Coping with Post-Traumatic Stress Disorder Over the Holidays

The Holidays.  Some people love this time of year and for some it induces flashbacks of trauma and grief, making it the most difficult time of year.  An estimated 70 percent of adults in the United States have experienced a traumatic event at least once in their lives and may have acute stress disorder from it.  Acute stress disorder will usually heal after 6 months from the trauma.  Not all people do and up to 20% of these people go on to develop post-traumatic stress disorder, or PTSD.  An estimated 5 percent of Americans—more than 13 million people—have PTSD at any given time.

According to the National Center for PTSD, about seven or eight of every 100 people will experience PTSD at some point in their lives. Women are more likely to develop PTSD than men. Some traumas may put an individual at a higher risk and biological factors like genes may make some people more likely to develop PTSD than others.  Anyone is susceptible to developing PTSD: Military veterans, victims of crime, foster children, someone who loses a loved one, people involved in natural disasters, accidents or events.  If you suspect you or a loved one may have PTSD, you can be screen and diagnosed by a licensed therapist or medical professional and should not be left untreated.  The sooner you seek help for it, the sooner you can begin your path to healing.

The holidays may trigger someone with PTSD in different ways.  For example, someone that has been traumatized by a family member, forced attendance to gather with family can cause extreme triggers and anxiety.   Different trauma histories will entail different triggers and where someone is in their recovery also has an impact.  During the holidays there are more family gatherings and events  and we may find ourselves around those who were in some way involved in the trauma or are unsupportive or toxic and do not consider your emotional and mental well-being.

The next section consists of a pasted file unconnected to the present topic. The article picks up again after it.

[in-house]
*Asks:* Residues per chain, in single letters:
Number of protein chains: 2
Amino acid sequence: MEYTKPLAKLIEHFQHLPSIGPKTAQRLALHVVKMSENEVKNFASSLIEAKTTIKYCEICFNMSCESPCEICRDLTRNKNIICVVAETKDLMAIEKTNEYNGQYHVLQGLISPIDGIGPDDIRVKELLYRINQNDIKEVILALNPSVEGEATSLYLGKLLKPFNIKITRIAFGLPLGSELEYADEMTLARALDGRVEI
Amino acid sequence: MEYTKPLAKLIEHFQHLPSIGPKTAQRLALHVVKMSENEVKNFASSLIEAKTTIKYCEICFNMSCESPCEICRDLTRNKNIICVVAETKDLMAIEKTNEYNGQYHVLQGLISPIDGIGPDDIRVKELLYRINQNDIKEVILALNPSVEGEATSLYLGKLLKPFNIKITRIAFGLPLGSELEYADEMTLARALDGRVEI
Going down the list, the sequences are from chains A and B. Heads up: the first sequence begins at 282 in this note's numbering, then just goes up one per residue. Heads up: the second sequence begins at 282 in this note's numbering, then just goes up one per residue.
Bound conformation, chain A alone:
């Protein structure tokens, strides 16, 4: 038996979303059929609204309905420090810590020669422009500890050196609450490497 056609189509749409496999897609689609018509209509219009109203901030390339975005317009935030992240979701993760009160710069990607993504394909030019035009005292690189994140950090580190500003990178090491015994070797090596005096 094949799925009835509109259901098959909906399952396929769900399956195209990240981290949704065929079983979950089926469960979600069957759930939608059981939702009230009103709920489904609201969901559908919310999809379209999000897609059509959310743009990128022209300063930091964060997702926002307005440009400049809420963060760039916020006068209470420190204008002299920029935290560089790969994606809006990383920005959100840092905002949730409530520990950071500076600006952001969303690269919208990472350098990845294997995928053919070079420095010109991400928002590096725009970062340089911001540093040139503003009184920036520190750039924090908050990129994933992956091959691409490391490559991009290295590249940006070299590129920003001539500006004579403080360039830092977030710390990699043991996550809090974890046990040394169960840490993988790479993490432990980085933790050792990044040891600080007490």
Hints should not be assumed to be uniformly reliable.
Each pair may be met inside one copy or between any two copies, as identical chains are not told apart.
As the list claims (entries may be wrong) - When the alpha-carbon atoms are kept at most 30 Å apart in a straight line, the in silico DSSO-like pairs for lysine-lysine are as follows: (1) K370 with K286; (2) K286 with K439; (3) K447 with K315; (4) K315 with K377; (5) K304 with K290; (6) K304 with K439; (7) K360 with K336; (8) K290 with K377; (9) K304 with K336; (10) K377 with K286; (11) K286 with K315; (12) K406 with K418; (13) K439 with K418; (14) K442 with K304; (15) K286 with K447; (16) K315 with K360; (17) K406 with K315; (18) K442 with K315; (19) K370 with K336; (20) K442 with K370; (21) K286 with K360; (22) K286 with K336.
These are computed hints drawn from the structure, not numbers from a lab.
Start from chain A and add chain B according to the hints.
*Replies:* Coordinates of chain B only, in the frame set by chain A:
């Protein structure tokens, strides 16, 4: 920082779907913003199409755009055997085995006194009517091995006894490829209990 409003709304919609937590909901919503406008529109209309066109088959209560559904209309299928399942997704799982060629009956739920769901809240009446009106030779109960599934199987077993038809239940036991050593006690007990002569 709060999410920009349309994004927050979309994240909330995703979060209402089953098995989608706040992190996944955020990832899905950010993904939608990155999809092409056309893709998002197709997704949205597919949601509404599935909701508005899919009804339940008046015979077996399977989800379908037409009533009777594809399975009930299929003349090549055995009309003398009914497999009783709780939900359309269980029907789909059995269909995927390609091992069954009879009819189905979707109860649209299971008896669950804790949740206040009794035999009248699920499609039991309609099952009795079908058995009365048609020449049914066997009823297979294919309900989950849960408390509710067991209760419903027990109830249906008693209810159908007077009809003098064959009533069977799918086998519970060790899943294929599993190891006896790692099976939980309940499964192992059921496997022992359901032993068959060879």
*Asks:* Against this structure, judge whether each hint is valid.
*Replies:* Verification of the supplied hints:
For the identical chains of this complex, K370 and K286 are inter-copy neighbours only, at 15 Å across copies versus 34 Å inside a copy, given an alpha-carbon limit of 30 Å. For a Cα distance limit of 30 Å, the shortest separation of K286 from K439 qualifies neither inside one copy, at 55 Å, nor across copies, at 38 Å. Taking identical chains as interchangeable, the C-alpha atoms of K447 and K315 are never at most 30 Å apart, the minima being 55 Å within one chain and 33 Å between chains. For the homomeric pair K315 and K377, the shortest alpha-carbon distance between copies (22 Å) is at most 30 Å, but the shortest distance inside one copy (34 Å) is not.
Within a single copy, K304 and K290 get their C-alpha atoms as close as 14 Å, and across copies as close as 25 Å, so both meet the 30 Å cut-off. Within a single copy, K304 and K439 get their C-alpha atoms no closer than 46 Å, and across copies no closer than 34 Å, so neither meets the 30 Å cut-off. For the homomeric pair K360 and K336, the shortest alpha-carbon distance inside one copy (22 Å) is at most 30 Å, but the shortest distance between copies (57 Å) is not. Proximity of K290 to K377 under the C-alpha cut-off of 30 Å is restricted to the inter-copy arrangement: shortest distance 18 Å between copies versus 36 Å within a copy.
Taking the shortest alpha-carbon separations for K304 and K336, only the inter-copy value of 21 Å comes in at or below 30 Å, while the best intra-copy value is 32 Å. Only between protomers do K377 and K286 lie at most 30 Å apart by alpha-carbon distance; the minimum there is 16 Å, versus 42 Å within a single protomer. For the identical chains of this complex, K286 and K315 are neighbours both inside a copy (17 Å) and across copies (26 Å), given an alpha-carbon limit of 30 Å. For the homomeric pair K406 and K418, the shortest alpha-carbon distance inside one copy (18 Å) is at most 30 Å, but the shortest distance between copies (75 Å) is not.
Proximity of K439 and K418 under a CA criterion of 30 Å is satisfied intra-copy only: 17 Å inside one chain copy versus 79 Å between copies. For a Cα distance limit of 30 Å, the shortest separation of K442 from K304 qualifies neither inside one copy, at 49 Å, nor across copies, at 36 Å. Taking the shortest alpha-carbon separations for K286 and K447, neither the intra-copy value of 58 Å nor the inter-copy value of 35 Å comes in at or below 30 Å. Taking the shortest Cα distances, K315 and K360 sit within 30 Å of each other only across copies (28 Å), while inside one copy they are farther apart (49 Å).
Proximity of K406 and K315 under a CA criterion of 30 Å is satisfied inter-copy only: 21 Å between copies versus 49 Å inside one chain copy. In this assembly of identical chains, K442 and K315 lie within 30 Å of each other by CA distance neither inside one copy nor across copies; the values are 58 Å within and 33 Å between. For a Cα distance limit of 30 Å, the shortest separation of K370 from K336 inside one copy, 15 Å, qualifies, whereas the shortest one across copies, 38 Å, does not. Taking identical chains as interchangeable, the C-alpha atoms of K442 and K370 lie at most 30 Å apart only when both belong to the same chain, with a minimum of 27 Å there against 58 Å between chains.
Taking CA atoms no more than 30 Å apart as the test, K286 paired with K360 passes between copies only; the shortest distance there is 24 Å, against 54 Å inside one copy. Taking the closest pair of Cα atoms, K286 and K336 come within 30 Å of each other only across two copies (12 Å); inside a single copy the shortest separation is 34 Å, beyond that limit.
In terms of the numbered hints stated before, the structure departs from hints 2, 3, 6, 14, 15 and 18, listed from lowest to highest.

Unhappy memories are common triggers for PTSD. Memories from holidays in abusive or a neglectful environment holidays spent in isolation due to hyper vigilance, addiction, or being in treatment.  Also holidays spent away from loved ones whether due to deaths, abandonment, distance, or situation can trigger those with PTSD.

Life changes and reflections may be another trigger. Throughout the year, there have most likely been ups and downs, and major changes have occurred. Many with PTSD have difficulties with change in general, and if any major losses or changes have happened throughout the year, the holidays are the time to "reflect upon the year". This often brings up feelings of grieving and loss, sadness and a longing for "the way things were".   When we look back the year during the holidays, it also brings to light that which has not changed or goals unmet a feeling of regret and failure can accompany this reflection.

The holidays are portrayed as a time for families and friends to join together - reunite, reconnect, re-establish relationships. It is often in the movies that we see reconciliations and folks who have severed ties reconnect "in the holiday spirit." We often place these expectations on ourselves during the holidays in hopes of making things better and have lower defenses in thinking others may feel the same way and end up disappointed. 

Financial concerns often arise during the holidays, with an increase in event attendance, grocery budgets, travel expenses, and gift buying.  This causes even more stress to try and “keep up appearances”.  When we do this, it creates an unhealthy thought in our mind that we are not good enough as we are and depression begins taking hold.

For some, coping with PTSD may cause unhealthy behaviors such as substance abuse, eating disorders, risky and hazardous behaviors.  Not taking time for self-care or failing to utilize coping techniques may cause a relapse.

So what can you do to make your holidays less triggering and more enjoyable?  Whether you have PTSD, acute stress disorder, or finding yourself more anxious, depressed, or stressed than usual, here are some tips:

  1. Say “no” to invitations to events or places you feel are a current trigger for you.  It is perfectly acceptable for you to put your mental and emotional well-being first.  In fact, it should be a priority. Set boundaries and stick to them.  You matter.  You are allowed to set boundaries for yourself, say no, change your mind, and make choices that honor you